cases in which it is impossible to tell if the word
applies or does not apply.
• Words such as ‘‘fresh,’’ ‘‘rich,’’ and ‘‘poor’’,
“love” are vague.
• So, there is a need for a law to be applied.
• Example: ‘Poor’ means having an a daily income of
less than $1.2
• The terms ‘‘force,’’ ‘‘energy,’’ ‘‘acid,’’
‘‘element’’, ‘‘number’’ ‘‘equality,’’
‘‘contract,’’ and ‘‘agent”, “rich”, “poor”,
etc… requires precise definition.
• N.B: precise definition differs from stipulative
definition in that assignment of meaning in later
case is arbitrary but not in case of precise
4. Theoretical Definition
• Assigns a meaning to a word by suggesting a theory
that gives a certain characterization to the entities
that the term denotes.
• Can’t be evaluated as true/false.
• Not all theoretical definitions are associated with
• ‘‘Light’’ is a form of electromagnetic radiation.
• ‘‘F = MA.’’
• “Right” means approved by the gods.
• “Materialism” is a philosophical doctrine asserting nothing
exists but matter.
5. Persuasive Definition
• To persuade/convince listeners/readers.
• To change the attitude of audiences.
• To win the acceptance of audiences.
• “Federalism” is a political intrigue that provides legitimate
ground for the emergence of new regional warlords.
• “Abortion” means the ruthless murdering of innocent human
• “Taxation” means the procedure by means of which our
common wealth is preserved and sustained.
• Exercise 2: determine the type of definition
• Let us use the word “grellow” to mean the
color of things that are either green or yellow.
• “Miracle” means an event that (a) is an
exception to a law of nature and (b) is brought
about by the decision of divine being.
• “Tall man” male human over 6 feet in height.
• “Tome” large book.
• “A deductively sound argument” is one that (a)
has only true premises and (b) is valid.
80. 3.4.Techniques of intentional and extensional
A. Techniques of Intentional Definition
1. Synonymous Definition
• Using a Word Having Identical Meaning.
• “Trouble” means difficulty.
• “Student” means pupil.
• ‘‘Physician’’ means doctor.
• ‘‘Intentional’’ means willful.
• ‘‘Voracious’’ means ravenous.
• ‘‘Observe’’ means see.
2. Etymological definition
• Using root/ancestor words.
• “Ethics” is from Greek word Ethos, meaning
habit and tradition.
• “LOGIC” is from Greek word logos, means
science of reasoning.
• ‘Morality’ is from Latin, moralis, which means
custom and tradition.
3. Operational definition
• Specifies set of procedures
• Indicates actions and procedures
• Assigns experimental procedures.
• “Insane” means when a person lost control of
his/her consciousness and perform unusual
• “Acid” means a substance that turns the color
of blue litmus paper red, when brought contact
4. Definition by Genus
• Avoids ambiguity/vagueness of terms.
– Genus = relatively larger class.
– Species = relatively smaller sub-class
– Difference = attributes that distinguishes species within
• Species Difference Genus
• “Mother” means female parent
• “Ice” means frozen water
• “Kitten” means young cat.
B. Techniques of Extension
1. Demonstrative (Ostensive)
• Assigning meaning by point out an object.
» ‘‘Chair’’ means this and this and this—as you point to a
number of chairs, one after the other.
• “Flower” means this one (using a picture that
• By listing partial/complete members of the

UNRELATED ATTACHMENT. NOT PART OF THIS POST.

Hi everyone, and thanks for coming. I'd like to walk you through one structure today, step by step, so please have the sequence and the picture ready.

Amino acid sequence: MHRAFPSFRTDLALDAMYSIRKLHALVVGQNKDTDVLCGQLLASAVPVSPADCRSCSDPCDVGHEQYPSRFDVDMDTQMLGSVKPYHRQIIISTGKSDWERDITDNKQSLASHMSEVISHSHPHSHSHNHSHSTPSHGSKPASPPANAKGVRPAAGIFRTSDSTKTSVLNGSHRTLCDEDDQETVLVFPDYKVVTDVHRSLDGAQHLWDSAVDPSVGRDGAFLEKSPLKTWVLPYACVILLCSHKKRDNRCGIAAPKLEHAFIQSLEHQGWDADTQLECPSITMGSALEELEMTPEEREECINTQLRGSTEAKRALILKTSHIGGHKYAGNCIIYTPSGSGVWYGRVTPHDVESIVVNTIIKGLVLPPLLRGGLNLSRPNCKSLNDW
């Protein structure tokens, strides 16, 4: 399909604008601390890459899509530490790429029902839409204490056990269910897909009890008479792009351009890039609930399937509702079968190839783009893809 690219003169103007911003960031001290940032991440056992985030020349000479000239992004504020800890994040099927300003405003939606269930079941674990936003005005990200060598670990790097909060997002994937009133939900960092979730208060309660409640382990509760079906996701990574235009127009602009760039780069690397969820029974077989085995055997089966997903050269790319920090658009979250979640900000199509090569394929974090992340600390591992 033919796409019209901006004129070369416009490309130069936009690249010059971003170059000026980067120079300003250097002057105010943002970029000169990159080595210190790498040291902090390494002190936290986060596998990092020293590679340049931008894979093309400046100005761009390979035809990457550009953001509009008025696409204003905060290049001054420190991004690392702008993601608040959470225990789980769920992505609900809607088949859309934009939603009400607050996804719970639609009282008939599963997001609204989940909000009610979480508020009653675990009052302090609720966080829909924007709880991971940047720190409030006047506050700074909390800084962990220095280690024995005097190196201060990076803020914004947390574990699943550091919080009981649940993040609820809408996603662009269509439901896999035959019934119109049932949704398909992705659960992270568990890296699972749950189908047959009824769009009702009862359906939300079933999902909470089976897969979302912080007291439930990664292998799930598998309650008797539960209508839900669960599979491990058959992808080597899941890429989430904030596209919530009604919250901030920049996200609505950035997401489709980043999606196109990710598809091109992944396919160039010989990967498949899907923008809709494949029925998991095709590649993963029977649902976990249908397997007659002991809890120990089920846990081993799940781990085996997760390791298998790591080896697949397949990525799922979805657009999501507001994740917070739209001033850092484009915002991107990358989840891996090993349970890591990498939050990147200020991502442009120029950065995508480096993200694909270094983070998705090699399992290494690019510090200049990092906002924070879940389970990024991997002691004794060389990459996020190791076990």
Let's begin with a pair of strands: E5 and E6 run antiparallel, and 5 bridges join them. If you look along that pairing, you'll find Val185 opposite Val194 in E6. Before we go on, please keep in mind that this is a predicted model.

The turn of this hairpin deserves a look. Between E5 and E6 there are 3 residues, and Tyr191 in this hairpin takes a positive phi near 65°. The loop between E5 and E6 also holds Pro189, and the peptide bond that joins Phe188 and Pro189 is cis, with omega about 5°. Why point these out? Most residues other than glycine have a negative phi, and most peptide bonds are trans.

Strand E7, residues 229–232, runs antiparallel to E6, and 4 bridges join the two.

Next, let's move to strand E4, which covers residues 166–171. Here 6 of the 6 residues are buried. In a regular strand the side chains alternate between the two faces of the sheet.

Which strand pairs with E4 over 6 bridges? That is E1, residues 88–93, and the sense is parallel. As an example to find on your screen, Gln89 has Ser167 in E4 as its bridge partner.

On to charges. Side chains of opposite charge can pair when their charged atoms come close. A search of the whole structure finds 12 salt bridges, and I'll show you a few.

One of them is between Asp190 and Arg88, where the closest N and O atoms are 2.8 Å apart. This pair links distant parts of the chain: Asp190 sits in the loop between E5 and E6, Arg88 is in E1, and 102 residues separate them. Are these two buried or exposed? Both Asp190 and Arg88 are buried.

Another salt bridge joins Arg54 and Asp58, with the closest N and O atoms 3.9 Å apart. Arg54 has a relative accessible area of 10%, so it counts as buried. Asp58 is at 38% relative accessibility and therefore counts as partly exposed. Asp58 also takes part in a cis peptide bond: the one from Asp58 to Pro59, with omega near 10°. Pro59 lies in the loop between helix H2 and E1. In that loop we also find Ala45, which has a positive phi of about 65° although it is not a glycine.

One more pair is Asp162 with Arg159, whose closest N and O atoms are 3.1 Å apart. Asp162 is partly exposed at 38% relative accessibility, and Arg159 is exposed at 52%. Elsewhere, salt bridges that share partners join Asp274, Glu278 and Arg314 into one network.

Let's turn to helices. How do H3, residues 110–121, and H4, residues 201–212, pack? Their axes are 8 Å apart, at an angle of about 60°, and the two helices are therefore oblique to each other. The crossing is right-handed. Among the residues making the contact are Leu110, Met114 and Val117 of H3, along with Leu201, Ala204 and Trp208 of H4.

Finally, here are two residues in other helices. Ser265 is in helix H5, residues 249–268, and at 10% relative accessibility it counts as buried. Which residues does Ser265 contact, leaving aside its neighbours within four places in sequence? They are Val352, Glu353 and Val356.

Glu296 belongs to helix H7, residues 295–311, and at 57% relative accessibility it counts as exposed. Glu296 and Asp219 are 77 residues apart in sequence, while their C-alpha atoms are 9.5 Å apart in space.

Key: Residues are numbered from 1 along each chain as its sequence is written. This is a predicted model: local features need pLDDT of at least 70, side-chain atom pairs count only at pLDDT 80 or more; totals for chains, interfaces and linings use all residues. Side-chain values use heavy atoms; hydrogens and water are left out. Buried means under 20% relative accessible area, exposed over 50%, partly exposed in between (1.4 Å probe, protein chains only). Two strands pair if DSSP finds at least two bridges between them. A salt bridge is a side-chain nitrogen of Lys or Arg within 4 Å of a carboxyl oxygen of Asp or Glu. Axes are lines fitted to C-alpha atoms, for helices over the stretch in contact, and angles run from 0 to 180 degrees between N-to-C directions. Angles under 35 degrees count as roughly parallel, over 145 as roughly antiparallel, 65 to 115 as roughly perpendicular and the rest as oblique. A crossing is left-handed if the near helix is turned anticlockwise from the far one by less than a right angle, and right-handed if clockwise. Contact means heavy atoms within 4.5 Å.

• ‘‘Actor’’ means a person such as Nick Nolte, Al
Pacino, or Richard Gere.
• “Continent” means such as Africa, Asia, Latin
America and Europe
• “Athlete” means such as Kenenissa Bekele,
Tirunesh Dibaba, and Meseret Defar.
3. Definition by Sub-class
• By listing sub groups/sub-class.
• “Plant” means such as grasses, fruits and
• “Vertebrate” means such as reptiles, birds, or
87. Techniques of Dentition and their relationships with
types of definition
• Techniques of Intentional definition
• Synonymous = can serve as a method of constructing lexical
• Etymological = can serve as a method of constructing lexical
• Operational = for stipulative, theoretical, lexical (not always),
precise and persuasive
• Genus and difference = most effective to construct all
• Techniques of Extensional Definition
• To construct lexical and stipulative definition, and
sometimes theoretical and persuasive definition, but
not precise definition.
88. Chapter Three: Informal Fallacies
Relevance weak Induction presumption language
Appeal to farce Appeal to unqualified authority begging z questions Ambiguity:
Appeal to Pity appeal to ignorance complex question Equivocation
Appeal to people Hasty generalization false dichotomy Amphiboly
Against the people false cause suppressed evidence Grammatical
Accident Slippery slope Division
Straw man Weak induction composition
Missing z point
89. Chapter Three: Informal Fallacies
Fallacy refers to error in reasoning
It is from Latin word, fallacia means delude,
Fallacies always seem good arguments; but in
reality they are bad arguments.
Can be committed intentionally or
Committed when the speaker/writer fails to provide
sufficient evidence or reason for his/her claim.
Can be formal and informal.
A. Formal Fallacies
Found in incorrect deductive arguments.
Fallacies due to invalidity of arguments.
Have standard form/structure.
All elephants are animals. (T)
All mammals are animals. (T)
Therefore, all elephants are mammals. (T)
B. Informal Fallacies
Are those that can be detected only through
analysis of the content of the argument.
Consider the following example:
• All factories are plants.
• All plants are things that contain chlorophyll.
• Therefore, all factories are things that contain